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A male reader, WiseOwlE Health And Fitness my-friend-has-been-asking-why-she-cant-get-a-partner-should-i-tell-her-what-i-think-1 My friend has been asking why she can't get a partner. Should I tell her what I think? Relationship & Sex     + , writes (21 December 2018):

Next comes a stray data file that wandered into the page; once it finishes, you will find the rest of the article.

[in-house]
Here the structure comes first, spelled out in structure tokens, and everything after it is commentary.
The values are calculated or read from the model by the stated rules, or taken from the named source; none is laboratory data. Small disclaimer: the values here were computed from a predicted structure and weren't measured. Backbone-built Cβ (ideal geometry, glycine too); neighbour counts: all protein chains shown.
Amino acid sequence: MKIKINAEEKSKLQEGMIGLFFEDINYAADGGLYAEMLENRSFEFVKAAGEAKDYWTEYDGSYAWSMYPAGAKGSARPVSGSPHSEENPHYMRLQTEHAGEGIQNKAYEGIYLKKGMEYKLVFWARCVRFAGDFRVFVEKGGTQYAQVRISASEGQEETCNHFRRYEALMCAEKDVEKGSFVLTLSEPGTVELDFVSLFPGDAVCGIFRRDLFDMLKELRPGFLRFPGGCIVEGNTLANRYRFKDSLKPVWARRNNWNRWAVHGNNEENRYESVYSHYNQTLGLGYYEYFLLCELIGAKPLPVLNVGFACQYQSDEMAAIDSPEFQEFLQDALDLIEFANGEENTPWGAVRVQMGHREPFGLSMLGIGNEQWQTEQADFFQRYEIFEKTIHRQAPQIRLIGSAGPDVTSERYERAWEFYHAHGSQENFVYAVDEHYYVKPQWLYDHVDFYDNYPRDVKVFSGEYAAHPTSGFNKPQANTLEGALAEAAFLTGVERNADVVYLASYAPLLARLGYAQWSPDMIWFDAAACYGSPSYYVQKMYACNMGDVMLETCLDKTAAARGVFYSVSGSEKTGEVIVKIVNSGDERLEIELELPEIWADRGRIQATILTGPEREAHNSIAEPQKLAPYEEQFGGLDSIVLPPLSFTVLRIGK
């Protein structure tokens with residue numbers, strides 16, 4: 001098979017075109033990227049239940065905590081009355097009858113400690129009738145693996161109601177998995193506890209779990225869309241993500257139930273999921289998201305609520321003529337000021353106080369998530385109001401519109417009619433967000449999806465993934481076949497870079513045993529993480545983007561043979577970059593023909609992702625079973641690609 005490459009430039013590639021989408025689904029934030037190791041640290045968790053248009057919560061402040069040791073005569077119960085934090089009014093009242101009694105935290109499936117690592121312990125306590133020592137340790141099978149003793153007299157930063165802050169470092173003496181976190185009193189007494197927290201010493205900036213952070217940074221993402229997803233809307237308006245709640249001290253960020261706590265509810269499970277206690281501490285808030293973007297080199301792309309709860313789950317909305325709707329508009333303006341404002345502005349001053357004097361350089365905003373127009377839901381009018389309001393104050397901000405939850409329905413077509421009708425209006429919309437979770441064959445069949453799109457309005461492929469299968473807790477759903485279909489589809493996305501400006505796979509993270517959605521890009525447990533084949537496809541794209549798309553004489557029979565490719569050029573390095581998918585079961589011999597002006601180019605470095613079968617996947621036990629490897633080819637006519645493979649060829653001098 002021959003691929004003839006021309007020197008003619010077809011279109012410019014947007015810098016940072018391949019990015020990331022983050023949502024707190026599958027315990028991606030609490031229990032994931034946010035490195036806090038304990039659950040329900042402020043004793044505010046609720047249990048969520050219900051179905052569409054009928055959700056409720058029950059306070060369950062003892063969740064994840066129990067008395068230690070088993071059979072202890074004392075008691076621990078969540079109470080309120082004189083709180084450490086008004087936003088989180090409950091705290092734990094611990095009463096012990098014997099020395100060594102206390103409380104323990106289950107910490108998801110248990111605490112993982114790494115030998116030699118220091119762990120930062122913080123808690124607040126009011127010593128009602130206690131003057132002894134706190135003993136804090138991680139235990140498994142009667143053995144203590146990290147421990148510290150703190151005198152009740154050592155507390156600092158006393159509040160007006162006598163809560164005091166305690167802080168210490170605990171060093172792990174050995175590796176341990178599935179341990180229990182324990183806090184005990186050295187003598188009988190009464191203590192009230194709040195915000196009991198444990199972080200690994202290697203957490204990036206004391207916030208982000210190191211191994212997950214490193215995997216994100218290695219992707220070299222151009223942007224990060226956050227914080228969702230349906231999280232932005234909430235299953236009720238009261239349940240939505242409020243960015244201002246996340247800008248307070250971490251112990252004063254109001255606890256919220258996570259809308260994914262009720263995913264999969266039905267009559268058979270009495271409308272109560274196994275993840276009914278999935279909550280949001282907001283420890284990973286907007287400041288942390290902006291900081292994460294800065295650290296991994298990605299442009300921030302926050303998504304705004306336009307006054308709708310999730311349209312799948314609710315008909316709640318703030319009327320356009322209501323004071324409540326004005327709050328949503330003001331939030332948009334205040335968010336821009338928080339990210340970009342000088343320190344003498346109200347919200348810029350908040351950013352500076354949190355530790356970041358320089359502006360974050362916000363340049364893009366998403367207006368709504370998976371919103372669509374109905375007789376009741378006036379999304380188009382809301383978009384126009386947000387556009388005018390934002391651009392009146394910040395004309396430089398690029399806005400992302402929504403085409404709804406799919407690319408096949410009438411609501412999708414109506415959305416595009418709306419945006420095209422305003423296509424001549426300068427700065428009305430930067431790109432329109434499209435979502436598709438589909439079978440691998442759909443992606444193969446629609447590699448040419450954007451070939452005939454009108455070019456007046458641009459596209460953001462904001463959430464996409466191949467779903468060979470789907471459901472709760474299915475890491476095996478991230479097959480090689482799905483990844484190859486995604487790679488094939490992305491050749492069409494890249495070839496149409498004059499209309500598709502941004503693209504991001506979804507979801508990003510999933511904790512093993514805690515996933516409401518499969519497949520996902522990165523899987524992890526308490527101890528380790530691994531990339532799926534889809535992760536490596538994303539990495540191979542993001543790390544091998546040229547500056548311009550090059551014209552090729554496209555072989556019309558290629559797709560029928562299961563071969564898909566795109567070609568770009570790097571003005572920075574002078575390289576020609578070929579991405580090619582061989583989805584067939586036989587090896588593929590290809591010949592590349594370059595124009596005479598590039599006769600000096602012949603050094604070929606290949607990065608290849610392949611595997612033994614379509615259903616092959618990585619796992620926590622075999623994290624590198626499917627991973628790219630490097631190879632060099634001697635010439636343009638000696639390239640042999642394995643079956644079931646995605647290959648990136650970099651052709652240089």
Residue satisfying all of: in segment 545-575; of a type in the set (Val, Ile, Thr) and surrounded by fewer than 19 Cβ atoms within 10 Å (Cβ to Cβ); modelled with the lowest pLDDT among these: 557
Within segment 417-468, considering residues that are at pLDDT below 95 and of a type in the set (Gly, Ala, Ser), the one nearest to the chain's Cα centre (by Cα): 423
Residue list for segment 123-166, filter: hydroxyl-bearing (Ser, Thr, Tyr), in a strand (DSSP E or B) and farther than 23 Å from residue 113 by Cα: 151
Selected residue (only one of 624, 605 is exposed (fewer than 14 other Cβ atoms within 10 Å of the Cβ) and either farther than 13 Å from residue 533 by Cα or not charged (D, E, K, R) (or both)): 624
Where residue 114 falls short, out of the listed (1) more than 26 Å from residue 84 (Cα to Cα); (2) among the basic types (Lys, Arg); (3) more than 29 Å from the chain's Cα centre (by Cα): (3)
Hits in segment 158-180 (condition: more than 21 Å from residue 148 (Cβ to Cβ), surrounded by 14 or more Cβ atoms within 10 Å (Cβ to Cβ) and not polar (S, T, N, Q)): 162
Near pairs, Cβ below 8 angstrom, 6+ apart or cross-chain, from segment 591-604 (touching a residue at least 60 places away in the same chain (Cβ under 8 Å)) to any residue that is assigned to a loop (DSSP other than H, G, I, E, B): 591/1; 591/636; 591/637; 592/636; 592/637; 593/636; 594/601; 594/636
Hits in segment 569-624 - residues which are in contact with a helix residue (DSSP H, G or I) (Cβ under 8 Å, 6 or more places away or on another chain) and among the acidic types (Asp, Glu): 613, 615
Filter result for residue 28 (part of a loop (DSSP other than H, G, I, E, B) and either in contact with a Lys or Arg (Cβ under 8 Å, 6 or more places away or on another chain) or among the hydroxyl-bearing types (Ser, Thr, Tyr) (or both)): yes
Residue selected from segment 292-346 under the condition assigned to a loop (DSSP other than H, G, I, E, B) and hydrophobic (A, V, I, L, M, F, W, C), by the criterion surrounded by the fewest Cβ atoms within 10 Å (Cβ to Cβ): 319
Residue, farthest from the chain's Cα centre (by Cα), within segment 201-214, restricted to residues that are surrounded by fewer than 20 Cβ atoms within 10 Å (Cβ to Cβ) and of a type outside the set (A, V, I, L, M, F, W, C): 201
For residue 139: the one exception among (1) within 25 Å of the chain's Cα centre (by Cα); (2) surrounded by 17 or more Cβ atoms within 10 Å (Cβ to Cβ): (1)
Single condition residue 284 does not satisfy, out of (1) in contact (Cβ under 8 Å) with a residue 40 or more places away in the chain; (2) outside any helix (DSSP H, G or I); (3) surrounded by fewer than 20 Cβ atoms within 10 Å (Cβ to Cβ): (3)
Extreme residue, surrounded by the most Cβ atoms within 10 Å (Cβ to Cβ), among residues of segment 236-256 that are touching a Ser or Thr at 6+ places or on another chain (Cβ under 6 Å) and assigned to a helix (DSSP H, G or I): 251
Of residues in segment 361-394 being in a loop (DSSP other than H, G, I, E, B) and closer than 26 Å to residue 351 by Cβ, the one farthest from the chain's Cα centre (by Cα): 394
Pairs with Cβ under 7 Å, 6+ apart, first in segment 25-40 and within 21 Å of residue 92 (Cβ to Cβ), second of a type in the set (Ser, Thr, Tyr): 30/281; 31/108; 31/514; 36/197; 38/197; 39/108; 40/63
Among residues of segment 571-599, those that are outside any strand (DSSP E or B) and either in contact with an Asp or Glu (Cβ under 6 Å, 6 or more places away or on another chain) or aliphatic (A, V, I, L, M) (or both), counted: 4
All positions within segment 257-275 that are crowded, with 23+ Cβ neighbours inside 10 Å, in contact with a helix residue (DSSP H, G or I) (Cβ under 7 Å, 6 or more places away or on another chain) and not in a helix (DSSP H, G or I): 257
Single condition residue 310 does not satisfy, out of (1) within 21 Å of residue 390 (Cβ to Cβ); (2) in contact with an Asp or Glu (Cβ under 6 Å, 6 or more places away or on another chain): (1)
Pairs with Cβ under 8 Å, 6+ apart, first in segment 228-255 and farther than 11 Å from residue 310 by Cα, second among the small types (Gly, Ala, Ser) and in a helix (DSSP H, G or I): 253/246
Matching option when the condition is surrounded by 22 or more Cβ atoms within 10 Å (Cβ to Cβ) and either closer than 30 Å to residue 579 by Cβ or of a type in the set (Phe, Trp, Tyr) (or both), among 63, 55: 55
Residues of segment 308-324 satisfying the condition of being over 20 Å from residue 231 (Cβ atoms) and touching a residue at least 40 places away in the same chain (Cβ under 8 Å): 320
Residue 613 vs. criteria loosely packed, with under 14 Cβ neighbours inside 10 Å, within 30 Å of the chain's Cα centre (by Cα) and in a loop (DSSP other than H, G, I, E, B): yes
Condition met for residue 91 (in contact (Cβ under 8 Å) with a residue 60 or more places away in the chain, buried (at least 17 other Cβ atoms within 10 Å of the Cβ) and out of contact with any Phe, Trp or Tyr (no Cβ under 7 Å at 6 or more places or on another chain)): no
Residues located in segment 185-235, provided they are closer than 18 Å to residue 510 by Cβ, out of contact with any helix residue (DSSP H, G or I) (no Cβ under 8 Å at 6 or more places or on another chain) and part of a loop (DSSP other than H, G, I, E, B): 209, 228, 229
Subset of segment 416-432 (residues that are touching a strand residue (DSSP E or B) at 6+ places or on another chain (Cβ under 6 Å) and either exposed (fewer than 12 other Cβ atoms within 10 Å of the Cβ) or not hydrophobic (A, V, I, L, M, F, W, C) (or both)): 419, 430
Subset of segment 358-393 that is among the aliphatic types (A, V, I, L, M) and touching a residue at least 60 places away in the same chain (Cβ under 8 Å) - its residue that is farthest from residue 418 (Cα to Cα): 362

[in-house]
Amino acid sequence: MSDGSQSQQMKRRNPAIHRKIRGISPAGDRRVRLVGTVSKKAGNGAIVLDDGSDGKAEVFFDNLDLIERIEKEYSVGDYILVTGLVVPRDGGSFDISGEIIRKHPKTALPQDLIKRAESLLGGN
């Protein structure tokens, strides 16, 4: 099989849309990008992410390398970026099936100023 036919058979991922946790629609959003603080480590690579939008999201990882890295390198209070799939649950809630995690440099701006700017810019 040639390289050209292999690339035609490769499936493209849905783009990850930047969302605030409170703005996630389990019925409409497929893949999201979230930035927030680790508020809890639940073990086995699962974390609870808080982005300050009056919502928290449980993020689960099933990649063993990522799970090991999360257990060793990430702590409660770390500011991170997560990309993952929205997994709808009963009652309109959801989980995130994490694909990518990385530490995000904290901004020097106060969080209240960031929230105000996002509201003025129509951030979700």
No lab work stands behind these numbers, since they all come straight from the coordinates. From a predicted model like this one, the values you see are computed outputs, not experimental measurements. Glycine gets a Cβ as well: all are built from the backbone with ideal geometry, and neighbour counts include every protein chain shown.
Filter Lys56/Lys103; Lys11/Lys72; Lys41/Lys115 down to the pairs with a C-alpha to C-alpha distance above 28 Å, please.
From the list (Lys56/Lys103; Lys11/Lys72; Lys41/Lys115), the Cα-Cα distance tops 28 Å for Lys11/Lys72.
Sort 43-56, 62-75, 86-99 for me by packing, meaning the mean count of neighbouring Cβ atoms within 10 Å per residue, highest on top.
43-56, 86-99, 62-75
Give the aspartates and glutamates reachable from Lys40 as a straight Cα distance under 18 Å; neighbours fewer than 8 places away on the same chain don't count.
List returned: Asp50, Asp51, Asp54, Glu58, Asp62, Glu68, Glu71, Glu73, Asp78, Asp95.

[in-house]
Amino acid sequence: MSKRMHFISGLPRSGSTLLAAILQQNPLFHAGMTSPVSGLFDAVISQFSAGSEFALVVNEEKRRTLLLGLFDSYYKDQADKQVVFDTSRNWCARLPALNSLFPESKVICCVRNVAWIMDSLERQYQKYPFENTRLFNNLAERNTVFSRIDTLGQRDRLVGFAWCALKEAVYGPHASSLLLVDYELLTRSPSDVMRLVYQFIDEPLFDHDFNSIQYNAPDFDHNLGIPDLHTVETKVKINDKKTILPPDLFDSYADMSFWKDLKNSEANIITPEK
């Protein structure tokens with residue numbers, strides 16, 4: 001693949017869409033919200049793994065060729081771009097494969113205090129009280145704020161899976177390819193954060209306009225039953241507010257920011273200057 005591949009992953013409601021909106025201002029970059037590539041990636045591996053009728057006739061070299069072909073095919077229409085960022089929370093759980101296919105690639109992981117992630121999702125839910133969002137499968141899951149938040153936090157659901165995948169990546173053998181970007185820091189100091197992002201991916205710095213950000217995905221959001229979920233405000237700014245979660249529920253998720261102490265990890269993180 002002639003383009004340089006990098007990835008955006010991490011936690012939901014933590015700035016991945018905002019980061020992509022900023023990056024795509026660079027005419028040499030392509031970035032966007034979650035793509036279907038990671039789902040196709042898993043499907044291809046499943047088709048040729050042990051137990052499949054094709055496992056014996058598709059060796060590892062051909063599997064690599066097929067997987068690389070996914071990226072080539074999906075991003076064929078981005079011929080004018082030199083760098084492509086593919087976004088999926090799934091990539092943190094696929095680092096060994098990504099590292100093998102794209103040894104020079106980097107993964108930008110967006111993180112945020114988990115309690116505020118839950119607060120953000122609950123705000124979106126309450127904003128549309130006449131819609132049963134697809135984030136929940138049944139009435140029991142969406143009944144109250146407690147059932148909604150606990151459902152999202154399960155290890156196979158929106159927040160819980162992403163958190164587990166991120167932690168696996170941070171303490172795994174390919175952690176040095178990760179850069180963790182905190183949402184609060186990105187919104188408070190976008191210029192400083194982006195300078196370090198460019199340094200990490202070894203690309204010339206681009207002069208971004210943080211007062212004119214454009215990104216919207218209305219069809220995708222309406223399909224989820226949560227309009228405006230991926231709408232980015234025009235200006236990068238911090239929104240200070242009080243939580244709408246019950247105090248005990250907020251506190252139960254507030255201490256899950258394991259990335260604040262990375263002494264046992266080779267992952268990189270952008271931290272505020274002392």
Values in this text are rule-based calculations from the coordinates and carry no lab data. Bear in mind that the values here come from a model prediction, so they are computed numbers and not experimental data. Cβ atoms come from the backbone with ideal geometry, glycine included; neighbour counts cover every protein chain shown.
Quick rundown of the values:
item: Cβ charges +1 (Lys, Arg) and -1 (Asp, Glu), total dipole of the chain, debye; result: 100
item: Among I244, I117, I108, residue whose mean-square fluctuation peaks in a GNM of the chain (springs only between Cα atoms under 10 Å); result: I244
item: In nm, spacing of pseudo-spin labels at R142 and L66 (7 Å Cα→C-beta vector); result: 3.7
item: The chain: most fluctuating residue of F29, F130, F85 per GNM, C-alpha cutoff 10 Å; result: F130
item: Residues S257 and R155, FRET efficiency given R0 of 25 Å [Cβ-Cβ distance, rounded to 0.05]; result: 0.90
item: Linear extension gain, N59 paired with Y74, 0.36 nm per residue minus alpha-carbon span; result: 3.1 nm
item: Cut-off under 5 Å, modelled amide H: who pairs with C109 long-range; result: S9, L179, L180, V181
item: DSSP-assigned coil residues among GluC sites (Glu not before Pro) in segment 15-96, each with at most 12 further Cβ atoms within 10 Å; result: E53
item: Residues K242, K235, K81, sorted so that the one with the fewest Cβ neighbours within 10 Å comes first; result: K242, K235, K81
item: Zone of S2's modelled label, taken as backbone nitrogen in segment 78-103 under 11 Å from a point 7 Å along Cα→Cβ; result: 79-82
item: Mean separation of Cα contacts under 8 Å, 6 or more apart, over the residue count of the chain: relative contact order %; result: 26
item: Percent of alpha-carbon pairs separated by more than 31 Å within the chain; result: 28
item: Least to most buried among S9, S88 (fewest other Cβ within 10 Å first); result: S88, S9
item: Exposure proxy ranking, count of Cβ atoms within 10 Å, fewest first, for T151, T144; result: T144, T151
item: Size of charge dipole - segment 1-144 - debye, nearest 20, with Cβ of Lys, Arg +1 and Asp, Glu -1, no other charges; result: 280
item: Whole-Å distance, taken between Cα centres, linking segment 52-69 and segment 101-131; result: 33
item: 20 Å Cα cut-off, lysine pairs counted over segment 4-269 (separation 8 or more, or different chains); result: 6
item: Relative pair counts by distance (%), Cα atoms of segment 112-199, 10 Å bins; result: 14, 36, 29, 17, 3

When someone asks you for an opinion and you’re uncertain of what kind of reaction you’ll get, you may open your response with: “I will try to give you my honest opinion. Just promise me you won’t take offense, or hold it against me.” Always offer a disclaimer when people ask you for your personal-critique; or your opinion on a touchy subject. They’re not always ready for the absolute truth. Let’s put it this way; “your perception of the truth!” If you have facts and supportive-evidence; it’s the irrefutable truth.Leaving them this opening gives them a chance to withdraw their question; or to prepare for the answer. If she was writing to DC, she would be offering it to an open-forum; which allows for a broad range of views and perspectives. While giving authorization and permission to address the inquiry. Noting whatever restrictions, guidelines, and details given by the OP to narrow the scope of responses. The answers received are at your own risk, monitored for tone, rule-compliance, and content. You should be prepared for anything; when asking for opinions from strangers who don’t know you. You have some modicum of trust built between you, when you ask a friend. There is no love without trust. If you lose a friendship over honesty, it was never really a friendship or a relationship. It was an emotional-arrangement based on agreeable conditions, and tailored to appeal to vanity.At 41, an adult should know themselves; and one or two things about dating and relationships. Unless they’re living on a deserted island, or under a rock. You’ve been married, single all your life’ or living in a convent or monastery. If she has no clue why she why she can’t find a loving romantic-partner; she should be thankful to have a long-time friend. Provided the relationship is founded on honesty, trust, and backed by loyalty. You’ve been through thick and thin together, and yet you’ve never exchanged an honest opinion between you? Difficult to believe! It could only mean you’re an enabler, or you tell her what she wants to hear. Maybe a little of both. How do you maintain a real-live relationship, and never come to disagreement or criticism? Why are you afraid to tell her what you think?Why would you fear offering someone you care so much about, your honest opinion? Especially when it is so evident she can’t see her own faults; but has given you the green-light to voice your honest opinion. Just think before you speak.You’re giving her your personal-opinion; and you may add that she should also seek a professional-opinion in order to address some other issues you are not qualified to address.Now here’s my opinion based on the details you have presented. She is a superficial-person, what Madonna would describe as a “material-girl.” She places prestige and financial-comfort ahead all other criteria; when searching for a suitable and compatible mate. At the top of the list of her criteria, as you have indicated; success overrides character. She doesn’t seek men for love, she pursues them for the financial comforts they can provide. If you know this to be the case, tell her. There’s a lot of competition out there for that.If you only seek guys who place wealth and success at the top of their needs and pursuits; there’s not much else you can offer them that can compete with that. They usually have their pick from the creme of the crop; because there are a lot of gold-diggers out there. Many of whom do have something to give in return. Most of them are much younger than 41!Here’s some advice for you. You condition people over time when you are always agreeable; or tell them what they want to hear. Then they’ll use you simply to make them feel good; or to feed their egos. Not to teach them, advise, or give them guidance. This conditioning, once well-established, will send them into shock; when you break the pattern of what is expected of you. So it is best to establish with your friends that you care enough to be honest; and tell them the truth. Expecting no more and no less in-return.It may be popular to blame our parents for what we turn-out to be. That’s not written in stone; nor is it fair. As an adult, we undergo a lot of exposure. Years of changes, challenges, obstacles, and influences that help us to grow and develop our own tools of survival. If your development is stunted, arrested, or traumatized; due to your childhood, that’s why we have psychologists, psychiatrists, psycho-analysts, and mental-health professionals. For some, we turn to and include our spiritual-faith. We don’t have to be victims of the past.She already knows why she can’t find anyone. The question is very much so “still rhetorical.” As it was directed to you. She isn’t searching for love, nor your opinion. She wants financial-security. Deep-down, nobody really wants people to simply want them for what they have. Everybody needs to feel someone truly cares for them, and for who they are. When she decides to search for that, she’ll find it.We learn through trial and error from the time we’re children. If we delude ourselves; we also insulate ourselves from the truth. That’s often why even the most intense mental-health therapy won’t help some people; even though they don’t have brain-damage, post-traumatic stress syndrome, or a mental birth-defect.